3000 BC Egyptians used mud mixed with straw to bind dried bricks. They also used lime and gypsum
mortars in the pyramids.
3000 BC Chinese used cementitious material to hold bamboo together in their boats and in the Great Wall.
500 BC The art of making concrete had spread to the Mediterranean island of Crete, and from there to the
ancient Etruscans and Greeks.
300 BC-476 AD Used pozzolan cement from Pozzuoli, Italy near Mt. Vesuvius to build several structures. They
used lime as a cementitious material also Animal fat, milk, and blood were used as admixtures.
400-1779 The art of concrete was lost after the fali of the Roman Empire.
1779 Bry Higgins was issued a patent for hydraulic cement (stucco) for exterior plastering use.
1793 John Smeaton found that the calcination of limestone containing clay gave a lime, which
hardened under water (hydraulic lime).
1796 James Parker from England patented a natural hydraulic cement by calcining limestone-containing
clay, called Parker's cement or Roman cement.
1812- 1813 Louis Vicat of France prepared artificial hydraulic lime by calcining synthetic mixtures of
limestone and clay.
1818 Maurice St. Leger was issued patents for hydraulic cement. Natural cement was produced in the USA.
Natural cement is limestone that natl.lrally has the appropriate amounts of clay to make the same
type of concrete as John Smeaton discovered.
1822 James Frost of England prepared artificial hydraulic lime likes Vicat's and called it British cement.
1824 Joseph Aspdin of England invented portland cement by burning finely ground chalk with finely
divided clay in a lime kiln until carbon dioxide was driven off. The sintered product was then
ground and he called it portland cement named after the high quality building stones quarries
at Portland, England.
1828 l.K. Brunel is credited with the first engineering application of portland cement, which was used
to fill a breach in the Thames Tunnel.
1843 1M. Mauder, Son & Co. Were licensed to produce patented portland cement
1845 Isaac Johnson claims to have burned the raw materiaIs of portland cement to clinkering temperatures
1849 Pettenkofer & Fuches performed the first accurate chemical analysis ofportland cement.
1860 The beginning ofthe era ofportland cements ofmodern composition.
1862 Blake stone breaker of England introduced the jawbreakers to crush clinker.
1867 Joseph Monier of France reinforced William Wand 's (USA) flowerpots with wire ushering in
the idea of iron reinforcing bars (re-bar).
1886 The first rotary kiln was introduced in England to replace the vertical shaft kilns.
1887 Henri Le Chatelier of France established oxide ratios to prepare the pro per amount oflime to
produce portland cement. He proposed that hardening is caused by the formation of crystalline
products of the reaction between cement and water.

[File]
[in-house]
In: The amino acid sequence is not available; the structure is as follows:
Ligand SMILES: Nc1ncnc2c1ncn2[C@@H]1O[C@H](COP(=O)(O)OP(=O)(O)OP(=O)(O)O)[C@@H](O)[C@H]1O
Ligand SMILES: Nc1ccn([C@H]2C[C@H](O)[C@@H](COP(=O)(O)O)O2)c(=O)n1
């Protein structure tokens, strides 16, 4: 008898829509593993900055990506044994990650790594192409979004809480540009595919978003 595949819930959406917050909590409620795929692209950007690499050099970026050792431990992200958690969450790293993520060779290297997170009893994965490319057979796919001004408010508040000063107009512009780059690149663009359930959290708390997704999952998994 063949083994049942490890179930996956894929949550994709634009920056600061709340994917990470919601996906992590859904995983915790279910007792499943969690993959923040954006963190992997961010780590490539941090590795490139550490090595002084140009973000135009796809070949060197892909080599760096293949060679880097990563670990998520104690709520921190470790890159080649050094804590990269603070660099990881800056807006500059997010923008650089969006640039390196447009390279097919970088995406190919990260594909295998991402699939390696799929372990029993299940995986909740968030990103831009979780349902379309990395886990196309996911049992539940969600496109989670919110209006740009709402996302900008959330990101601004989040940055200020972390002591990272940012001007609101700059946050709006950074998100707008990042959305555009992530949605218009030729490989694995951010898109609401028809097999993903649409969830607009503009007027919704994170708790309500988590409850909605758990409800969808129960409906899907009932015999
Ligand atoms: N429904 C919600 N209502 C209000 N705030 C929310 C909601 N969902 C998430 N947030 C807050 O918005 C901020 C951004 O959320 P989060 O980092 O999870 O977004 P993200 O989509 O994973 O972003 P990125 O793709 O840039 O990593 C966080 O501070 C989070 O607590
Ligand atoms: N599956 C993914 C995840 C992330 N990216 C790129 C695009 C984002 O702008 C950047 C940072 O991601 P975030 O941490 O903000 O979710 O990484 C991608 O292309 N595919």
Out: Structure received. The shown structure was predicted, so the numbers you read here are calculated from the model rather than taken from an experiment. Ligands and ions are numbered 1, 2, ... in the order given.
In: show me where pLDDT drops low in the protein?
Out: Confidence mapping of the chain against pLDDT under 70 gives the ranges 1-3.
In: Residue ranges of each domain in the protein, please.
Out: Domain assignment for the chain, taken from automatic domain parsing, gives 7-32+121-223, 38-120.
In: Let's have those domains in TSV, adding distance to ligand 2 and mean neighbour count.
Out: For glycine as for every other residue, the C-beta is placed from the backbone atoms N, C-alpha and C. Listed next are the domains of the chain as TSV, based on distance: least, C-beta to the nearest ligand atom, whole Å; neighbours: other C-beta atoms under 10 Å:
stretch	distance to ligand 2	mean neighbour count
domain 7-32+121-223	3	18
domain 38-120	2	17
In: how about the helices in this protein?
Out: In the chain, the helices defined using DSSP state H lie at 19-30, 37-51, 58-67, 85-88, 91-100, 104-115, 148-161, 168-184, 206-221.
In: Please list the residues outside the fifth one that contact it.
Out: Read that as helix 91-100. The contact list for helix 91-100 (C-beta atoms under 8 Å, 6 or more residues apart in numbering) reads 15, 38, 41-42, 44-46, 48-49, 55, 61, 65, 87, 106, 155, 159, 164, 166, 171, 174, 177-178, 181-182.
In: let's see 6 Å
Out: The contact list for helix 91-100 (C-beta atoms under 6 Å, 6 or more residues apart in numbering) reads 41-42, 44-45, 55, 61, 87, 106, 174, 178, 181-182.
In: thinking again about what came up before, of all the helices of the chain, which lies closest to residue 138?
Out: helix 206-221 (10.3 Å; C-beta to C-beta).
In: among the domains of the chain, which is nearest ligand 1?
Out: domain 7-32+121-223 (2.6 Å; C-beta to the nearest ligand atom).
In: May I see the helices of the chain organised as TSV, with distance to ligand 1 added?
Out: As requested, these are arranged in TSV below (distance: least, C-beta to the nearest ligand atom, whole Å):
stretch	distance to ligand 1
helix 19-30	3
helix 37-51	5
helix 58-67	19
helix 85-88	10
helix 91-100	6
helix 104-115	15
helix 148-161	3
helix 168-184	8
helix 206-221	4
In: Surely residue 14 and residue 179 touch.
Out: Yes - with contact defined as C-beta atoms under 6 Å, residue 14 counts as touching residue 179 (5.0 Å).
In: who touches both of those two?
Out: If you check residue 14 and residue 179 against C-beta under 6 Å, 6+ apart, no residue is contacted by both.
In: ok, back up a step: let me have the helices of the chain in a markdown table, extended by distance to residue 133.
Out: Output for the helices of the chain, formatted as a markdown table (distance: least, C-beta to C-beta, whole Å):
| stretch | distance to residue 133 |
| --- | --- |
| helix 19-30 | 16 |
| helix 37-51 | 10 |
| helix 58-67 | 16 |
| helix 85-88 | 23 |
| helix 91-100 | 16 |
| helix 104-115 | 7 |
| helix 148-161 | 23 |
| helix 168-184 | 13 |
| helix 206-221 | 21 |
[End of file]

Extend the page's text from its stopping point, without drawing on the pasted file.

1889 The first concrete reinforced bridge is built.
1890 The addition of gypsum when grinding clinker to act as a retardant than the
setting of concrete was introduced in the USA. Vertical shaft kilns were replaced
with rotary kilns and ball mills were used for grinding cement.
1891 George Bartholomew placed the first concrete street in the USA in Bellefontaine, OH. lt still exists today.
1893 William Michaelis claimed that hydrated metasilicates form a gelatinous mass (gel) that dehydrates
over time to harden.
1900 Basic cement tests were standardized.
1903 The first concrete high rise was built in Cincinnati, OH.
1909 Thomas Edison was issued a patent for rotary kilns.


Table l. (continued)

1930 Air entraining agents were introduced to improve concrete's resistance to freeze-thaw damage.
1936 The fi rst major concrete dams, Hoover Dam and Grand Coulee Dam were built. They still exist today.
1967 First concrete domed sport structure, the Assembly Hall, was constructed
at the University of Illinois, at Urbana-Champaign.
1970's Fibre reinforced in concrete was introduced.
1980's Superplasticizers were introduced as admixtures.
1985 Silica fume was introduced as pozzolanic additive. The highest strength concrete was used in building
the Union Plaza constructed in Seattle, Washington.

quarrying methods, and suitable means oftransporta- equal in weight to 1/3 of the quicklime was sprinkled
tion to a site for further treatment (Krumnacher over it. Heat was given off, the material cracked open
2001). and became a powdereel, and increased in volume. This
Calcination: In orderto convert the ca1cium carbon- method was considered the best. (2) Immersion: the
ate based raw material into quicklime, it was necessary quicklime, placed in a basket, was lowered into the
to heat the mass of stone or shell up to required temper- water for the proper length of time, and drawn up to
atures. By ca1cining the raw materiais, the water and complete the slaking. The handling was tricky, at best,